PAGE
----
What book would you recommend?

For adults?   I just read The Girl with the Louding Voice by Abe Dare. Set in Nigeria in 2014, it’s a beautifully told story of a young girl’s struggle to survive incredible hardships and get an education.  

Tell us about your journey from idea to published book.

When my 5th grade students and I met with scientists at the National Wetlands Research Center in Lafayette, I was impressed with the importance and fragility of our coastal wetlands.  We learned about the severity of coastal land loss and the work being done to mitigate it. (Nutria tracking was a favorite!)  A few years later, four-year old Sawyer walked into my house and spouted, “Aunt Gayle, when I was an alligator…”  A few years after that, the idea to write When I Was an Alligator surfaced.

SCBWI helped me with the polishing and submitting process. I sent the manuscript to publishers and got lots of rejections. Finally Devon Lord and the team at UL Press saw the potential, let me choose an artist, and now we have a book!

Why do you write? 

I enjoy the creative process; writing is fun and challenging. And I think I have some stories that need to be told.

Describe your writing habits.

I don’t think it could be called a habit.  When I get an idea, I jot it down and write a pretty bad first draft. (Ask the SCBWI critique group!)  My research for When I Was an Alligator took lots of time.  I can spend half an hour choosing one word.  I enjoy the whole process. 

What is your favorite spread of your book and why?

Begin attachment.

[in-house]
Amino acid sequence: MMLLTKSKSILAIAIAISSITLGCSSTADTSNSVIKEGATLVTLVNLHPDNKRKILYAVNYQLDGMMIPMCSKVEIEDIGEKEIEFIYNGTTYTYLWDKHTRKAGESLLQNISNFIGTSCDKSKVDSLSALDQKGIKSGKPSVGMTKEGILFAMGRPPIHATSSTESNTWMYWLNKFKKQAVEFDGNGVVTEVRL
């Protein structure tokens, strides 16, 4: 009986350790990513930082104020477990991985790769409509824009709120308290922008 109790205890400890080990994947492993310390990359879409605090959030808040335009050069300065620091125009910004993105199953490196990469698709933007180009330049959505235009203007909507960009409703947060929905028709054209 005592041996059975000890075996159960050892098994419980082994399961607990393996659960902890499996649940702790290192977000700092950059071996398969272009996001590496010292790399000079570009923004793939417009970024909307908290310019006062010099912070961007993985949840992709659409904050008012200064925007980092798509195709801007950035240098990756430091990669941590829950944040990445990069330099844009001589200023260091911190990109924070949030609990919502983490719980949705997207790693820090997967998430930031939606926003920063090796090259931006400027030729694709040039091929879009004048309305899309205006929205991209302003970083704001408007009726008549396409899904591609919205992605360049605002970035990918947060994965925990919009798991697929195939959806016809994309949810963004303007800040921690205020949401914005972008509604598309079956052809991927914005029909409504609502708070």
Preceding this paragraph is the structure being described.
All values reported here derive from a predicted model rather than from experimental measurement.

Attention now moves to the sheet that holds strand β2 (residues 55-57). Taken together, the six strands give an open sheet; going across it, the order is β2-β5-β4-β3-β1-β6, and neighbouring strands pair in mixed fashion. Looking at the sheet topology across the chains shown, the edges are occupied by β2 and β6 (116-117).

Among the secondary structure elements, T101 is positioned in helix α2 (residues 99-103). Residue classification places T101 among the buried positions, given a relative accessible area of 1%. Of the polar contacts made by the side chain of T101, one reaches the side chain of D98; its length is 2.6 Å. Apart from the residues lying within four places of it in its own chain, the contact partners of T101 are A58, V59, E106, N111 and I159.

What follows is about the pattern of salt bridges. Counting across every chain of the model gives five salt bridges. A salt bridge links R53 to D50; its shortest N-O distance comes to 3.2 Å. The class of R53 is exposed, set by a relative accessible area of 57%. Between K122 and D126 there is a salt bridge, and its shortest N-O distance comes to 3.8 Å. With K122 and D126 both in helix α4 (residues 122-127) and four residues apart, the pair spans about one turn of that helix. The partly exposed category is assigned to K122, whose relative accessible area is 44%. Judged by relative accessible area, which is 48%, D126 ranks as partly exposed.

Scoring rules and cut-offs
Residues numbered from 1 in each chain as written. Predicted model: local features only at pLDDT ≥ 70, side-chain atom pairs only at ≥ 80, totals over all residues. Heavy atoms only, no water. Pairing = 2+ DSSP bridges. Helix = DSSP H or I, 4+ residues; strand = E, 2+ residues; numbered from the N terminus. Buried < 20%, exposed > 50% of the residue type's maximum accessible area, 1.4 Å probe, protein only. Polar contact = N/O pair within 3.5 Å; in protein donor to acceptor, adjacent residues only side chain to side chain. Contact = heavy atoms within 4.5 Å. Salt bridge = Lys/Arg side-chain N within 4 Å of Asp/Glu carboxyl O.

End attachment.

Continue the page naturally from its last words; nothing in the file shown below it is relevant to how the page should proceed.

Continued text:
Drew did a great job on all the art, so it’s hard to pick one spread.  I especially like this one.  After all the curious Cajun kid has been through, she’s more than a little flustered, and she finds that she likes being herself!

How much, if any, communication did you have with the illustrator?

I met Drew at an SCBWI regional conference in New Orleans. Drew now lives in Chattanooga, so we’ve not met in person to work on the book, but we had lots of interaction through the whole process. In fact, we are still working together.  

What is the best advice you’ve ever gotten?

The answer to that changes often. Today it’s: “O, small beloved person, it is not all up to you.”

What advice do you have for writers?

Make time to write, find some folks who support you, and join SCBWI if you are writing for children.

Finally, I have a teaching idea for you. With books like Gayle’s, students can find a pattern working throughout. A student can use this book as a mentor text to write their own imaginative book. What animals do you wish you could be? Using onomatopoeia to describe what it would be like to turn into that animal.